Others are on a countdown until home time, trying to hide their screens so they scroll on Facebook. Others dread this time of day. But, why? Missed deadlines? The race to beat the traffic? Fear of being fired?
Often, the fear lies in our imagination - ‘What if I can’t get to the childminder/nursery/after school club on time?’. ‘Will I have to do the grown-up walk of shame, that involves you rushing to pick up your cherubs who are the last ones standing as of course, all the other kids have perfect parents with great work/life balance or a live-in nanny. Miles away from stumbling through town the morning after the night before, in what you wore last night (or was that just the younger, more carefree me?)When you do arrive on time, there is a palpable relief – your sometimes latchkey kids are looking at you with excitement and you mentally high-five yourself, happy that you have avoided the “£15 for every five minutes you are late” penalty, not to mention the moral outrage projected on you as the last parent at pick-up.
As if these everyday micro-stresses weren’t enough, the cost of having a kid, although variable, is always significant. The level of investment you make when it comes to raising the fruit of your loins will ebb and flow depending on your attitude to risk (what does that even mean?) and personal circumstances. As a new mum or dad you might ask:“
How long will I take off work?”
“Which one of us will ‘stay-at-home’ for weeks/months/years?”
“What will this do to my budget?!”
“Can I afford child care?!”
“How much maternity/paternity leave am I entitled to and what will I get?”
“Will I just be working to pay off child care?”
“How on earth can I afford the astronomical pieces of useless stuff as a new parent I need to buy?” - my favourite here was the ‘wet wipe warmer’ to avoid any cold shocks on little bottoms when changing nappies. Yes, this is a thing.
Many new parents, or those planning on starting a family will not yet have clarity on whether or not they can use/are entitled to child care vouchers, when funding for child care might kick in and what the parameters are and the bottom line - how much is it all going to cost in the first few years of sleep deprivation and the annihilation of your social life (a money saving exercise; every cloud has a silver lining)!
Protecting our mental health
The impact on the mental health of a new parent can be directly impacted by the financial wellbeing of the family. Being a new mum or dad is exhilarating, daunting, terrifying, joyous and frankly, bloody hard. It can often also be an isolating experience – especially if you are more used to being around people over the age of seven months on a daily basis, in general.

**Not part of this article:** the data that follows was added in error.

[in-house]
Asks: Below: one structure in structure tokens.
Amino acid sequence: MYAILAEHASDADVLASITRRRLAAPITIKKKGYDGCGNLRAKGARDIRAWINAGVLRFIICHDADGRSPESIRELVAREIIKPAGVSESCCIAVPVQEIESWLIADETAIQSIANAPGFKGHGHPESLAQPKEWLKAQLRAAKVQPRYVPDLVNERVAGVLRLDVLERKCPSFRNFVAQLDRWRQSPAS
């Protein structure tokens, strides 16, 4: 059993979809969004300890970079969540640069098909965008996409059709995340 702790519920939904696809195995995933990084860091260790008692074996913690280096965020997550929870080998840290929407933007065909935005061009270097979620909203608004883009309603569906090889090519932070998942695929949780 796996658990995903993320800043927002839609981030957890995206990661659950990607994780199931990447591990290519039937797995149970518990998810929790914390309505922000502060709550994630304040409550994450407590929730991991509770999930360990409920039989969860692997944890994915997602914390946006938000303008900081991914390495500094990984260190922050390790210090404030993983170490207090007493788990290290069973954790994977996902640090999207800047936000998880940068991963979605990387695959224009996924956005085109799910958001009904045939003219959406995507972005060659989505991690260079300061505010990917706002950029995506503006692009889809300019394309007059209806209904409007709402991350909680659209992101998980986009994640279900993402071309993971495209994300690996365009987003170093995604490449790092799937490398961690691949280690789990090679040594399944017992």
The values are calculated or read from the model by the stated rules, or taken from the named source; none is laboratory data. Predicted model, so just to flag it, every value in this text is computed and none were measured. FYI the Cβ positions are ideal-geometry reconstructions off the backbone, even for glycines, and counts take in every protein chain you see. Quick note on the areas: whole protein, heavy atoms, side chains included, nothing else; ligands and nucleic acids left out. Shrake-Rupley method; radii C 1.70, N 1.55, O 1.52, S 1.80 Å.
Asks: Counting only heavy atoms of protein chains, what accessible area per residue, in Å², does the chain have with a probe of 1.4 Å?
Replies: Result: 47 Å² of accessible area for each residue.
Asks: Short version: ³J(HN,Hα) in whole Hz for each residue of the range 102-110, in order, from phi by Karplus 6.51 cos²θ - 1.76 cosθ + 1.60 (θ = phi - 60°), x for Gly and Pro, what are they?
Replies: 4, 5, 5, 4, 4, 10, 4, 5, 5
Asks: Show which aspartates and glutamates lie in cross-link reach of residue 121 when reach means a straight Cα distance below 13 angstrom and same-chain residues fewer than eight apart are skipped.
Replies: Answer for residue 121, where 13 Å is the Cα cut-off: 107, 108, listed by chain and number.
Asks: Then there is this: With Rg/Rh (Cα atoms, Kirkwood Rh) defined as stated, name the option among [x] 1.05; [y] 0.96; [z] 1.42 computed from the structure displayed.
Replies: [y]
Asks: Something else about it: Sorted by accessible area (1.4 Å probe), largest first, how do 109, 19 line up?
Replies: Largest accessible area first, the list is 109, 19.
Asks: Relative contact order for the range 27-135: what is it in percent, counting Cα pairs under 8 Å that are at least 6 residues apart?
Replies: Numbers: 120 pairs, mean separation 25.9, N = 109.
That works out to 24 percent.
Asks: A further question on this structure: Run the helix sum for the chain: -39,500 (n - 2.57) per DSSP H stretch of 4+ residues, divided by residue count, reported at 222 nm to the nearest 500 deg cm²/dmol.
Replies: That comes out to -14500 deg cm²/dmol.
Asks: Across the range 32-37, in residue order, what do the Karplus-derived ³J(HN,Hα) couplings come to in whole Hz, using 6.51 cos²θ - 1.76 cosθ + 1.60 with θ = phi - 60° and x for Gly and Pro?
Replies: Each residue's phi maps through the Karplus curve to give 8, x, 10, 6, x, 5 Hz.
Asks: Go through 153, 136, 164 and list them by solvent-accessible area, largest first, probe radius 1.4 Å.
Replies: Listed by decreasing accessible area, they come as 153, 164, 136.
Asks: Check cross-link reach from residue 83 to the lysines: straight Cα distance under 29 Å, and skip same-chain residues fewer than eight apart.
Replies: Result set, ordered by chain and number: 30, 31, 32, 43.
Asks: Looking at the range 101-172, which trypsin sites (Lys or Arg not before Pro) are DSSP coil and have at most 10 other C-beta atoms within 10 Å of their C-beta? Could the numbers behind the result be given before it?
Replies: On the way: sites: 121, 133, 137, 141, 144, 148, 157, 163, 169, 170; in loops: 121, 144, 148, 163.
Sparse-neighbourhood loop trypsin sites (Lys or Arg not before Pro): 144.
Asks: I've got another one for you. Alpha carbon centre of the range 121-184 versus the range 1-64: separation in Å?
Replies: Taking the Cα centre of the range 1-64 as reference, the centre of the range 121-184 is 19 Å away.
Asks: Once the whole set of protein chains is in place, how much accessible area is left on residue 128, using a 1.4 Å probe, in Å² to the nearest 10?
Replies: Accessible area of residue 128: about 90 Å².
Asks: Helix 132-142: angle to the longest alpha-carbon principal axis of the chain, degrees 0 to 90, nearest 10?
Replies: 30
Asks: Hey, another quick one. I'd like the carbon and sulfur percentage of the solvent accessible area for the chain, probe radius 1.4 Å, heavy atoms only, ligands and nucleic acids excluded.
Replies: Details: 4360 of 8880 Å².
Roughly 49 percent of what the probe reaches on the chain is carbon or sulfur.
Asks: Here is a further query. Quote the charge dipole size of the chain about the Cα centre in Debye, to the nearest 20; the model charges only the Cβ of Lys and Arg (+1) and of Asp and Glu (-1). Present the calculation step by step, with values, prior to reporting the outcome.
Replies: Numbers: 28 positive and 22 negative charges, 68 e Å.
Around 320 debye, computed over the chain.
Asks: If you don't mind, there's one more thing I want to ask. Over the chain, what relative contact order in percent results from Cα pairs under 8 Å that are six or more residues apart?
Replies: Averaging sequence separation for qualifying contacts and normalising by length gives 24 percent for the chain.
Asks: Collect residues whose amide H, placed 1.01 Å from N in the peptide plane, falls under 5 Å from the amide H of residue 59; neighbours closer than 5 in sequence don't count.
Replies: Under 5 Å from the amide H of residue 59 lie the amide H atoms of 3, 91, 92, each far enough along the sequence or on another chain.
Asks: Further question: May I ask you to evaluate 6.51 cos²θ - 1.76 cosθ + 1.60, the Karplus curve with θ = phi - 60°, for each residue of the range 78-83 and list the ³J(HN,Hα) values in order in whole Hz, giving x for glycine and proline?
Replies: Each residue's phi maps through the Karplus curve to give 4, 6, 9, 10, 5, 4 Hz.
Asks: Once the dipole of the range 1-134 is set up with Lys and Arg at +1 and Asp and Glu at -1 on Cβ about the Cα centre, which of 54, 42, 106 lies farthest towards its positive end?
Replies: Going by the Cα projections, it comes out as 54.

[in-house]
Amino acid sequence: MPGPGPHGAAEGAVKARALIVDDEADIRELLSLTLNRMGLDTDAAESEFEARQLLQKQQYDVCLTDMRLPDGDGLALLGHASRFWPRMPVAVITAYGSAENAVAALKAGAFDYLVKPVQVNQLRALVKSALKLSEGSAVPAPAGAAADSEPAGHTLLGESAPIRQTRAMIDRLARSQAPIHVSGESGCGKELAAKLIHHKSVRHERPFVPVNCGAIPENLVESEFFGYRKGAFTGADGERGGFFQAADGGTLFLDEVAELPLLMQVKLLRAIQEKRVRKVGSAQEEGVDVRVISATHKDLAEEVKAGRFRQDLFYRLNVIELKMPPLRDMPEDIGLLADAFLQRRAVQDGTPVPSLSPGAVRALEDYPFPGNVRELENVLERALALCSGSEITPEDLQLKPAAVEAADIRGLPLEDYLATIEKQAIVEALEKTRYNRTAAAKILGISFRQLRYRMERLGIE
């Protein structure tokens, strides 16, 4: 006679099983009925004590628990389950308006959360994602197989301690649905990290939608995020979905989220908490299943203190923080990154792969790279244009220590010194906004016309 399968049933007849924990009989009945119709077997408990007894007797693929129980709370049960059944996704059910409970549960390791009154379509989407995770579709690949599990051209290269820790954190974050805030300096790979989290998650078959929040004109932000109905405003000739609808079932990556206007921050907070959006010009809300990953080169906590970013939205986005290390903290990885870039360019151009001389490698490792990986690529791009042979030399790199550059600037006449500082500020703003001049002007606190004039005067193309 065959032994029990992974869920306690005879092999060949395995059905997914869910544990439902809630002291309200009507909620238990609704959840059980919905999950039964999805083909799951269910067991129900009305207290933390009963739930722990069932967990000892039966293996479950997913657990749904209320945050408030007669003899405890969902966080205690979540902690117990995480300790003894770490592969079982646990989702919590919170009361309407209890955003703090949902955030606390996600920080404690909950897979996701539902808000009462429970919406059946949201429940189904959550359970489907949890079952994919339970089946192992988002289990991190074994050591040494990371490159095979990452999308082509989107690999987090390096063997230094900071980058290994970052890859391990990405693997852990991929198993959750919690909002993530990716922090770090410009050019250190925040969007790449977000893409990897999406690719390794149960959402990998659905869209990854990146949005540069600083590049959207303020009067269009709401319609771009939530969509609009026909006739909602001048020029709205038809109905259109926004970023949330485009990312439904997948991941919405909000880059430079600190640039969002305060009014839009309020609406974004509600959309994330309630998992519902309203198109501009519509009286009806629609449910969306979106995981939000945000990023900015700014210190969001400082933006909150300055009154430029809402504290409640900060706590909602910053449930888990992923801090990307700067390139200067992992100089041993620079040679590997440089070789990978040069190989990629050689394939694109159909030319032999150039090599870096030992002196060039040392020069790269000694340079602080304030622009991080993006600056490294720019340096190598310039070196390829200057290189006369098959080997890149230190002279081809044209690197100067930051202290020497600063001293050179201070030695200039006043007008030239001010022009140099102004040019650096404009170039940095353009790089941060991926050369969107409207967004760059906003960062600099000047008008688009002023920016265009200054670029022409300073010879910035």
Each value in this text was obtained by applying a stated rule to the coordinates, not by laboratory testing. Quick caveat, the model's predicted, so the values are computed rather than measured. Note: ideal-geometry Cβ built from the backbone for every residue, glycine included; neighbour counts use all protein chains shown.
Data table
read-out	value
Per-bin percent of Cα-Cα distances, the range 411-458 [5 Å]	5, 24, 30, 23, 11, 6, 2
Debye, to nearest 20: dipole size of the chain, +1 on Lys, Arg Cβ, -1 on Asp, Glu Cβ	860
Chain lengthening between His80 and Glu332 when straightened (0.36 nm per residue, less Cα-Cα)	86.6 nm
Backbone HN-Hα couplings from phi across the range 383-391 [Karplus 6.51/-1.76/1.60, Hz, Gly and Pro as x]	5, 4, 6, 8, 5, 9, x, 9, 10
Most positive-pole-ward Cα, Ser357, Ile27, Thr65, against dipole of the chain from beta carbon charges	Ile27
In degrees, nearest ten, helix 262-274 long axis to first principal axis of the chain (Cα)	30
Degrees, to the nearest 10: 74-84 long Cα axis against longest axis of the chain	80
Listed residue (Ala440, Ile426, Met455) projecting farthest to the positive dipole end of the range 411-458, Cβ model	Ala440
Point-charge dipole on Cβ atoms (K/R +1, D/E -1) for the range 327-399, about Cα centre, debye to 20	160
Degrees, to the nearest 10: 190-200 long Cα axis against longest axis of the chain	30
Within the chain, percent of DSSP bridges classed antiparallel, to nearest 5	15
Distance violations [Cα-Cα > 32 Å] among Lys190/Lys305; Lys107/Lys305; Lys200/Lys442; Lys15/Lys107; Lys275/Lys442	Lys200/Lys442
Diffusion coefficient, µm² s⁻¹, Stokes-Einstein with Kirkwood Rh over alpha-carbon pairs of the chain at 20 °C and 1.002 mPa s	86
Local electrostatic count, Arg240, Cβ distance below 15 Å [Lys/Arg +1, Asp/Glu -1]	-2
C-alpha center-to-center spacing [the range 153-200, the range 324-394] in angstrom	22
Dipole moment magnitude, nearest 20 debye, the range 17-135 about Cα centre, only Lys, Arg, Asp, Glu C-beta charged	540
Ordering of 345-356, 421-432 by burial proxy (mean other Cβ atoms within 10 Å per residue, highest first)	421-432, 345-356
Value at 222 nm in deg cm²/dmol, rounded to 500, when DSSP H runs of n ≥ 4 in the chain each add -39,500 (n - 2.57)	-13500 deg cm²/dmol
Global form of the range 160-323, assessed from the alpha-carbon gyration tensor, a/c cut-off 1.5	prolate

‘Are you good enough?’, ‘Are you providing/contributing/setting a good example?’ are also questions that you will ask yourself far too frequently.
I think the time has come for the financial services industry to recognize that the traditional family model is not as common as it was. Many families have both parents who have to work and yet are blindsided by huge unforseen drains on their family budget.
Financial planning is about looking ahead, thinking about your lifestyle now and the lifestyle you want in the future and helping you prepare for that. Great financial planning is about being proactive not reactive. I would like the financial services industry to stop assuming that everyone follows an eight-stage financial life cycle. Education, marriage, kids, university fees, paying off the mortgage, retiring comfortably – it is not the norm for everyone in society.
The new ‘normal’
Let us adapt to the 40-somethings having their first child and the dad taking three years off to bond with his babies. Or, the couple who both want to work and show their kids a great work ethic but need to plan ahead to get the best possible child care and financial wellbeing for their growing family. Or the single parent facing it all alone. Or the family who follow the more traditional route. Whether you’re funding a live-in nanny or wondering how the heck you will afford formula this week – your financial wellbeing will no doubt impact your mental health in varying degrees and everyone should be able to get affordable and accessible guidance and advice to help plan ahead.
The point is, there is no route is ‘normal’ and the future of financial advice in my view is about adapting to reflect society today and help us reach goals that may simply be to work hard, play hard and enjoy time with those we love the most, whilst keeping our financial wellbeing on track.
Don’t get me started on reaching these groups of parents without jargon, without reams of paperwork and striving to appeal to a time-poor generation.
Must dash. Walk of shame awaits.
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